• o Open Researchers and Contributors ID (ORCID) of all authors can be provided, which can be registered and obtained from
  • • Corresponding author information
  • o The name, institutional address, telephone and fax numbers, and e-mail address of the corresponding author
  • • Conflict of interest disclosure, and funding information
(2) Abstract
  • • Structure of abstract
  • o Abstract should contain a maximum of 300 words and comprise six sections, with headings (in this order): Study Design, Purpose, Overview of Literature, Methods, Results, and Conclusions. Specific numerical data should be presented under Results.
  • • Keywords
  • o Up to five keywords should be provided in the following order: anatomical name, diagnosis, and treatment, for example, Thoracolumbar spine; Tuberculous spondylitis; Pedicle screw; Titanium mesh cage, for a paper entitled “Safety and Efficacy of Pedicle Screw and Titanium Mesh Cage in the Treatment of Tuberculous Spondylitis of the Thoracolumbar Spine.” Authors are recommended to use the MeSH database ( to find keywords.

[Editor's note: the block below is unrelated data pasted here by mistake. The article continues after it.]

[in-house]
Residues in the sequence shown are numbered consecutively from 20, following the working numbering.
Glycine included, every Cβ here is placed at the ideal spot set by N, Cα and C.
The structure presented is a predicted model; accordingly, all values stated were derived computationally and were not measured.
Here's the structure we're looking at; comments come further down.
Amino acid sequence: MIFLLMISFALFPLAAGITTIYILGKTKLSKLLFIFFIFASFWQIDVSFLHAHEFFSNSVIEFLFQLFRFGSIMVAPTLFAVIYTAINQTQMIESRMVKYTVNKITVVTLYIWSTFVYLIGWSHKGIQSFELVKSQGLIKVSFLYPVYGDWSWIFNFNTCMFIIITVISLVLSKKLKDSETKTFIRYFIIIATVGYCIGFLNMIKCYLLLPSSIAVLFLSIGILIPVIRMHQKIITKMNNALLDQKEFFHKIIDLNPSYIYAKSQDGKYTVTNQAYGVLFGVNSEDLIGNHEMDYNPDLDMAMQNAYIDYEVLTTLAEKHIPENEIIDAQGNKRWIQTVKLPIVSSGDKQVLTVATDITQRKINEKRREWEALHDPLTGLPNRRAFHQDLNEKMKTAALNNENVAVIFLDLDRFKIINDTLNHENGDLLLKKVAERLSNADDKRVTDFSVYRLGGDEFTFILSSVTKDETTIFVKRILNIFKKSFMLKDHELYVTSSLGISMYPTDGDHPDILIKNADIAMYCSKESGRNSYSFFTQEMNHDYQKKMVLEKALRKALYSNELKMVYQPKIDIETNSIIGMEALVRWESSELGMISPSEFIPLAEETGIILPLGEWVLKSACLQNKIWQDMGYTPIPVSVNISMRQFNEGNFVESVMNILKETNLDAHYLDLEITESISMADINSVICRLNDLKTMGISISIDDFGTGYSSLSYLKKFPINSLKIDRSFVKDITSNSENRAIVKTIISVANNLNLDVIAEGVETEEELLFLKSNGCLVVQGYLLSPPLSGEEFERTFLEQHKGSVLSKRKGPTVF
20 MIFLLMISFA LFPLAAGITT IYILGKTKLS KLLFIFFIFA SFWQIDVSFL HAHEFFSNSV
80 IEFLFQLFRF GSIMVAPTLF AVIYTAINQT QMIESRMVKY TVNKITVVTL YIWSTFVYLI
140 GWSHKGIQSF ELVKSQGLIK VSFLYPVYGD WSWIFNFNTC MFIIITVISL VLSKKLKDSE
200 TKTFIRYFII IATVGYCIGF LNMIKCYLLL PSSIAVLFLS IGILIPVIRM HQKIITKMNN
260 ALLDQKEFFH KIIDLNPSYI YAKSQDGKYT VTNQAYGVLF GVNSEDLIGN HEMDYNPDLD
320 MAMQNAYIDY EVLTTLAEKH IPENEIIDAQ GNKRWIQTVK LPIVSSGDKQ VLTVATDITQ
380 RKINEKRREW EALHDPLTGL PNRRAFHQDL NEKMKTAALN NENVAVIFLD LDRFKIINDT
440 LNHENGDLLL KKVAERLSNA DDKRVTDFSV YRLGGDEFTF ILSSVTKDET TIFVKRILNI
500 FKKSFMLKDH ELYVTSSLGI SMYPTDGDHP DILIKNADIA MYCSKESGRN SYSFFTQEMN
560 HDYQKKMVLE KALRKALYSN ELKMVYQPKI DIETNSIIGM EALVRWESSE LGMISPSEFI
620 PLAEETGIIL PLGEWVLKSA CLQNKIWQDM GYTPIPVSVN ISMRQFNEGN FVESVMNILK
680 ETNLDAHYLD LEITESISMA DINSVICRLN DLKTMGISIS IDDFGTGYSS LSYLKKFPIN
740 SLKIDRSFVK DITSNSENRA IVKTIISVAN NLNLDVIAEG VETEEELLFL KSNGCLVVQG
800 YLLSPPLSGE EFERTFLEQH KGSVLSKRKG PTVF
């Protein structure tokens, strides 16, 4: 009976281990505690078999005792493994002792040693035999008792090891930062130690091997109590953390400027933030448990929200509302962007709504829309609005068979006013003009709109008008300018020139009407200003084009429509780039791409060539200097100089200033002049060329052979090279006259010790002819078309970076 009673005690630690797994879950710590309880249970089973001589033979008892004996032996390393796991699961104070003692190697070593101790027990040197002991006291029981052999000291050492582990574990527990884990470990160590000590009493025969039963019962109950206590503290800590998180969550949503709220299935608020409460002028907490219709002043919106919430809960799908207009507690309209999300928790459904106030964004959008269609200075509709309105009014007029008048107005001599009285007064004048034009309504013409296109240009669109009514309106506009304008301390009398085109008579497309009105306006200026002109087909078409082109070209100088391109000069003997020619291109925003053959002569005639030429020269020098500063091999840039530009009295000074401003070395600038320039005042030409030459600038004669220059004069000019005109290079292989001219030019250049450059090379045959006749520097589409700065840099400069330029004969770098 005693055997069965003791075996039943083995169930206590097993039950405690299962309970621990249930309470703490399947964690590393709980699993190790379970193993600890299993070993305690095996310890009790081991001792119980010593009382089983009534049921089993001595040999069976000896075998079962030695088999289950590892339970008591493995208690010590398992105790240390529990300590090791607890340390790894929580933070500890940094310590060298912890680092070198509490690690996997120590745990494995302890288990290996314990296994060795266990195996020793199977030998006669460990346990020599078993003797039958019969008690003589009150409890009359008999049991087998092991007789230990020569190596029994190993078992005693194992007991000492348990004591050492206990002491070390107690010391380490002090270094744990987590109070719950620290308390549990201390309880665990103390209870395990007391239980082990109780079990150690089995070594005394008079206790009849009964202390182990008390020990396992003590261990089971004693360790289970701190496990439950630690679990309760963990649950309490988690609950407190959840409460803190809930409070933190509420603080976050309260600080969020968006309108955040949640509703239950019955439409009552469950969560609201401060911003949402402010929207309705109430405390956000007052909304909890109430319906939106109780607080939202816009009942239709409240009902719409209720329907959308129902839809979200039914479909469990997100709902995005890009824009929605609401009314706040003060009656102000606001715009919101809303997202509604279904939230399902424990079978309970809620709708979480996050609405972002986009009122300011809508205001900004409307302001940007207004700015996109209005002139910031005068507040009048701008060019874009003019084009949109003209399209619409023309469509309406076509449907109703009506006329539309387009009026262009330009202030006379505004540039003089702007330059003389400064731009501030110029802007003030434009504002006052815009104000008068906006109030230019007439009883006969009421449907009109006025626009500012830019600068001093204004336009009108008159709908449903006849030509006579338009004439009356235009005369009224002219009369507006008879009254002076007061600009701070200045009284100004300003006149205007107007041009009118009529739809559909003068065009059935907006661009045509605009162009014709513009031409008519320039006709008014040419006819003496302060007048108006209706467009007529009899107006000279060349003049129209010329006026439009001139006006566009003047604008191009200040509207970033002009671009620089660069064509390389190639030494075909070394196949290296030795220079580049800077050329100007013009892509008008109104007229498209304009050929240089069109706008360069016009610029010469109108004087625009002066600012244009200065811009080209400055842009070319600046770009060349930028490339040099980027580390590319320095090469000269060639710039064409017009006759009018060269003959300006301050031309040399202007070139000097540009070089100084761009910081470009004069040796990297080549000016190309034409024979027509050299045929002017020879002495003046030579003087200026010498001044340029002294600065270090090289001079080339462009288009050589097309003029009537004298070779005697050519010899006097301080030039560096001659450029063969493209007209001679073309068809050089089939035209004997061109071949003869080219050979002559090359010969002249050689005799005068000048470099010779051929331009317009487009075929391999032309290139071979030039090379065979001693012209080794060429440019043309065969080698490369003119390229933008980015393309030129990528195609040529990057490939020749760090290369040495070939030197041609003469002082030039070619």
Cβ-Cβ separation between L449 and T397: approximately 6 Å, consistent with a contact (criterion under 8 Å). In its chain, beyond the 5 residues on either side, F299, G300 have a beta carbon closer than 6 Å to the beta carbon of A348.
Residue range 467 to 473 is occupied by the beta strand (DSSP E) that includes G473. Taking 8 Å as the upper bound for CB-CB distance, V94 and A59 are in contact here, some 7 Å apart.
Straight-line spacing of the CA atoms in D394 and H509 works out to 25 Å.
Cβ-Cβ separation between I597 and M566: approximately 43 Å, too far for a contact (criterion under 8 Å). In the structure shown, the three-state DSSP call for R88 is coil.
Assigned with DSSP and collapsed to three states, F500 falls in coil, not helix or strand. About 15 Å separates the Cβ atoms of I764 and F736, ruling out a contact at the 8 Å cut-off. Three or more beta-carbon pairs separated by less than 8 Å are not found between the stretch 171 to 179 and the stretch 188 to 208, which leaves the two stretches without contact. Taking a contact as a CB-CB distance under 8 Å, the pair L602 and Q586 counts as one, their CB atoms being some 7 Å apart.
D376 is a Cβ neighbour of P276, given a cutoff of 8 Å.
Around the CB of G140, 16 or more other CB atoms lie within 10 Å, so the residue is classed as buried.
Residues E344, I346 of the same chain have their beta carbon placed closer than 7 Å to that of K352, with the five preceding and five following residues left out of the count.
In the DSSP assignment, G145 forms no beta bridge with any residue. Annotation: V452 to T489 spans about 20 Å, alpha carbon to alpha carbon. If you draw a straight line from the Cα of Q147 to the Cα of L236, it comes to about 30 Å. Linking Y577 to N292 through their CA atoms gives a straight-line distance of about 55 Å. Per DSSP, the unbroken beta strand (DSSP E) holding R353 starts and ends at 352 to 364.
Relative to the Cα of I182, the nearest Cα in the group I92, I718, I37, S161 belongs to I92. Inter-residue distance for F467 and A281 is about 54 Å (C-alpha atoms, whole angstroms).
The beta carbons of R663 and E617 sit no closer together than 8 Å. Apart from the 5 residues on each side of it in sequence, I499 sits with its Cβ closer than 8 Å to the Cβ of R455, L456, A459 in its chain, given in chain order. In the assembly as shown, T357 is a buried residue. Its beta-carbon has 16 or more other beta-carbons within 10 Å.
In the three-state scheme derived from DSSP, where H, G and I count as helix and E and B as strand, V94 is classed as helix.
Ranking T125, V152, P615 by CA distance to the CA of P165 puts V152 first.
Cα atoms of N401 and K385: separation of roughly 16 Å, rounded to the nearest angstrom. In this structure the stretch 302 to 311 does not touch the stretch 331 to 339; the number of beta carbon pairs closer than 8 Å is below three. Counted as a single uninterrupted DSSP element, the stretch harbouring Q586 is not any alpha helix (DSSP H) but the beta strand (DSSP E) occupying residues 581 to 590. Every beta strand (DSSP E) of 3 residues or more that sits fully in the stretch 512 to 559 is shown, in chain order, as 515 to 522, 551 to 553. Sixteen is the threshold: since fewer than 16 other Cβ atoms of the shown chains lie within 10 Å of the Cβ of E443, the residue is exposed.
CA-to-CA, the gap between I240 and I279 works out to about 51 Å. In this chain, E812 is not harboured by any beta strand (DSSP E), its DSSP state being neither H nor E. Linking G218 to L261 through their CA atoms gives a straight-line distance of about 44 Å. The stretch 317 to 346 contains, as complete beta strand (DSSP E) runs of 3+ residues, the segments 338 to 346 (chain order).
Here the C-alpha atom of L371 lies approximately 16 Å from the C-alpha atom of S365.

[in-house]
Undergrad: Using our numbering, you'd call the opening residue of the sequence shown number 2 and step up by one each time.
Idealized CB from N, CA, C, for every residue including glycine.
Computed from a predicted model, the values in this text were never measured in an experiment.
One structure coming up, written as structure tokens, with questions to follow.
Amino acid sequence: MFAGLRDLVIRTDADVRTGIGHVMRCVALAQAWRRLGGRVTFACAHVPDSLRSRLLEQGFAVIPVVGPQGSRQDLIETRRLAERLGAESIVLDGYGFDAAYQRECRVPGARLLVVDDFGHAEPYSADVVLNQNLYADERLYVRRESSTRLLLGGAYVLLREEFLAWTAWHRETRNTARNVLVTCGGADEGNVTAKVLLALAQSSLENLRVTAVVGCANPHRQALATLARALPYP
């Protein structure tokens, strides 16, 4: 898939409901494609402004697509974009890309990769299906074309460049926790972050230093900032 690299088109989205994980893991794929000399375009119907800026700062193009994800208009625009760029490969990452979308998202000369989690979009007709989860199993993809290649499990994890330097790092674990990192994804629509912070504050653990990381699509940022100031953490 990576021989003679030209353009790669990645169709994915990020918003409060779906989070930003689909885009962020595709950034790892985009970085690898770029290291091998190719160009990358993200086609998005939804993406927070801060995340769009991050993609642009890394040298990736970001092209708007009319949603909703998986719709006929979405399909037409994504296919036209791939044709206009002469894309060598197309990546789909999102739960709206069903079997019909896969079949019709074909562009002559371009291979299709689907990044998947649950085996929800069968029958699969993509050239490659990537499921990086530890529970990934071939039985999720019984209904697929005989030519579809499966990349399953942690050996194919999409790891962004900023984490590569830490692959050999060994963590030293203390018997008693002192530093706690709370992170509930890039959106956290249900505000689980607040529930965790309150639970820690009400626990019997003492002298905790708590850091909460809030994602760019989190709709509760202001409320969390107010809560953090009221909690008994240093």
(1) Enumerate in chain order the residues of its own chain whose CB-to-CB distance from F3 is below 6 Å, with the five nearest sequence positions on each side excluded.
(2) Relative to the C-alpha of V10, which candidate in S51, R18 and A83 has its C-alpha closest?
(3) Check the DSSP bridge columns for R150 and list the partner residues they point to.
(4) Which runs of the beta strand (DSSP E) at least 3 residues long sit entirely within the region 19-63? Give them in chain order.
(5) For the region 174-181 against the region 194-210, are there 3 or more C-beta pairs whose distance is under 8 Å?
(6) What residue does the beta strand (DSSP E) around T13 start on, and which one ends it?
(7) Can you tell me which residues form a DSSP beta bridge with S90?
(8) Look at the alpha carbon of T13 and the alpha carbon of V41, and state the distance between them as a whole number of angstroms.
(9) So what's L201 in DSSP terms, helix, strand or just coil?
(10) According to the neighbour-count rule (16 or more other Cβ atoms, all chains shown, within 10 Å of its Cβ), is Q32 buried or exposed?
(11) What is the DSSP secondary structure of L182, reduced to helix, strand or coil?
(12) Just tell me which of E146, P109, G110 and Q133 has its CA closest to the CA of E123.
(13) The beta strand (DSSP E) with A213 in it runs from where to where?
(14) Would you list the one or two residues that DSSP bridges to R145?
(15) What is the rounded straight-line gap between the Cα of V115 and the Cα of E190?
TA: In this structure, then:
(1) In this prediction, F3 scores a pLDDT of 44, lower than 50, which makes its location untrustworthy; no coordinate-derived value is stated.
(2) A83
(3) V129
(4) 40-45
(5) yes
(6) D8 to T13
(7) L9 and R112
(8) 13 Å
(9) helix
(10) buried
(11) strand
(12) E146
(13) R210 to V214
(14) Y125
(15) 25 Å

• • Abbreviations should be minimized. When necessary, spell out the full term the first time it appears, add the abbreviation in parentheses, and use the abbreviation thereafter. References are not allowed in the abstract.
(3) Key Points
  • • Provide 3 to 5 key points of the study in bulletin form.
(4) Main Text
  • • The text, or body, of the manuscript should be divided into five sections: Introduction, Materials and Methods, Results, Discussion, and Conclusions.
  • • Introduction.
  • o State the background or problem that led to the initiation of the study. Lead systematically to the hypothesis of the study and finally, to a restatement of the study objectives, which should match those in the abstract. Do not provide conclusions in the Introduction.
  • • Materials and Methods.
  • o Ethics statement and study design should be provided at the beginning of the materials and methods section using separate subheadings.
  • o Studies performed using clinical samples or data and those involving animals must include information on the IRB/ethics committee approval or waiver and informed consent. An example is as follows. “We conducted this study in compliance with the principles of the Declaration of Helsinki. The study’s protocol was reviewed and approved by the Institutional Review Board of OO (IRB No. OO). Written informed consents were obtained / Informed consent was waived.”
  • o Describe the study design (prospective or retrospective, inclusion and exclusion criteria, duration of the study) and population (demographics, length of follow-up). It is recommended to describe the reporting guideline used for the manuscript. Explanations of the experimental methods should be concise yet enable replication by a qualified investigator.